How Anti-Religious Bias Prevented Scientists from Accepting the Big Bang

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Today, the Big Bang model of cosmology is pretty much taken for Gospel, and for good reason. For more than fifty years, evidence gathered from all manner of sources has supported the notion that the Universe as we know it expanded from an infinitely dense singularity.

But things didn't always look so certain for the Big Bang. In its most nascent form, the idea was known as the hypothesis of the primeval atom, and it originated from an engineer turned soldier turned mathematician turned Catholic priest turned physicist by the name of Georges Lemaître. When Lemaître published his idea in the eminent journal Nature in 1931, a response to observational data suggesting that space was expanding, he ruffled a lot of feathers. As UC-San Diego professor of physics Brian Keating wrote in his recent book Losing the Nobel Prize, "Lemaître's model... upset the millennia-old orthodoxy of an eternal, unchanging cosmos. It clearly implied that everything had been smaller and denser in the past, and that the universe must itself have had a birth at a finite time in the past."

Besides questioning the status quo, Lemaître's primeval atom also had some glaring problems. For starters, there were hardly any means of testing it, a must for any would-be scientific theory. Moreover, it essentially suggested that all the matter in the Universe came from nothing, a flabbergasting claim. It also violated an accepted notion known as the perfect cosmological principle, which suggested that the Universe looks the same from any given point in space and time.

For these reasons, English astronomer Sir Fred Hoyle gathered with a few colleagues to formulate the Steady State theory of the cosmos. The idea kept the observable universe essentially the same in space and time, and it accounted for evidence suggesting that the universe is expanding by hypothesizing that matter is instead being created out of the fabric of space in between distant galaxies. Steady State didn't have the problems inherent to the notion of a primeval atom, and, as Keating wrote "it sure as hell didn't look like the creation narrative in Genesis 1:1."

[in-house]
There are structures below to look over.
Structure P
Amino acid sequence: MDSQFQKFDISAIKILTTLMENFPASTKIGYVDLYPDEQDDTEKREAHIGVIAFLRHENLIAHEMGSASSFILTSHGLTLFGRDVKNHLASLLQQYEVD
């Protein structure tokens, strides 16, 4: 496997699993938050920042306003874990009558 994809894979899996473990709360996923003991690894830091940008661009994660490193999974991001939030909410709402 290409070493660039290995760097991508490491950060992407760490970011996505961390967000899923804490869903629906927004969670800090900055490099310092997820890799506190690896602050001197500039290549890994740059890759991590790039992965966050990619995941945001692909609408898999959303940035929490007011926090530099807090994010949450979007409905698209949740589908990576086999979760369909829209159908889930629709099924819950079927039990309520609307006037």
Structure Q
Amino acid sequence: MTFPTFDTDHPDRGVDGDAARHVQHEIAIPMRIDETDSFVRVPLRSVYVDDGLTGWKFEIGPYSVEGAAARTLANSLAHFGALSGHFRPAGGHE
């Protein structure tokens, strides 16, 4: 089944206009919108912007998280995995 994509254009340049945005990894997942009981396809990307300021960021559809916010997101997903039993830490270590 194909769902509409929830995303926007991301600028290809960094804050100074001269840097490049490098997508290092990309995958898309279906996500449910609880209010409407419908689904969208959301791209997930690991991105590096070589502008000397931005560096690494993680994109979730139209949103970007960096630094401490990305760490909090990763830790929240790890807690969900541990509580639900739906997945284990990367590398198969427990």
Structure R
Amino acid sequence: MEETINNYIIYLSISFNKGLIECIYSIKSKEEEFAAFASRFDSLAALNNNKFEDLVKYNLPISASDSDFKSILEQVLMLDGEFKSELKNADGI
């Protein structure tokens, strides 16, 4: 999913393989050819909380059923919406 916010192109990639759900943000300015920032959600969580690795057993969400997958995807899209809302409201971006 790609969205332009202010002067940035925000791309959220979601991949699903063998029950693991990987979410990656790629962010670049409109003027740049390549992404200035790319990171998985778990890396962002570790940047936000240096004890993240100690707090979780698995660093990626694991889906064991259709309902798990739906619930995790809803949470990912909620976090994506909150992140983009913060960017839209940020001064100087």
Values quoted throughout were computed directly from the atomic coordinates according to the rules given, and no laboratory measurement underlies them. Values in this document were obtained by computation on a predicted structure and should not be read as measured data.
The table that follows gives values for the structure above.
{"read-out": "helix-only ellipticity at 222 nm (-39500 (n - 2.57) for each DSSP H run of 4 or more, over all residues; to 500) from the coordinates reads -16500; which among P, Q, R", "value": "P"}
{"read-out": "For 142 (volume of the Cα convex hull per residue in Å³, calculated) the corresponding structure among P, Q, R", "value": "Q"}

As Keating continued, anti-religious sentiments provided underlying motivation to debunk Lemaître's theory.

Many atheist scientists were repulsed by the Big Bang's creationist overtones. According to Hoyle, it was cosmic chutzpah of the worst kind: "The reason why scientists like the 'big bang' is because they are overshadowed by the Book of Genesis." In contrast, the Steady State model was the rightful heir to the Copernican principle. It combined the banality of space with humanity's mediocrity in time. Thanks to Hoyle, humanity had humility.

Hoyle, however, did not. Over the decades, as more and more evidence lined up in favor of the Big Bang and against Steady State, the aging astronomer dug in his heels. Ironically, he behaved like the believing zealots he scorned, relentlessly defending his debunked theory until his death in 2001. Lemaître, on the other hand, remained humble and equivocal about the Big Bang throughout his life.

This scientific saga demonstrates that entrenched beliefs affect the nonreligious as well as the religious. In the end, bias should always bow to evidence.

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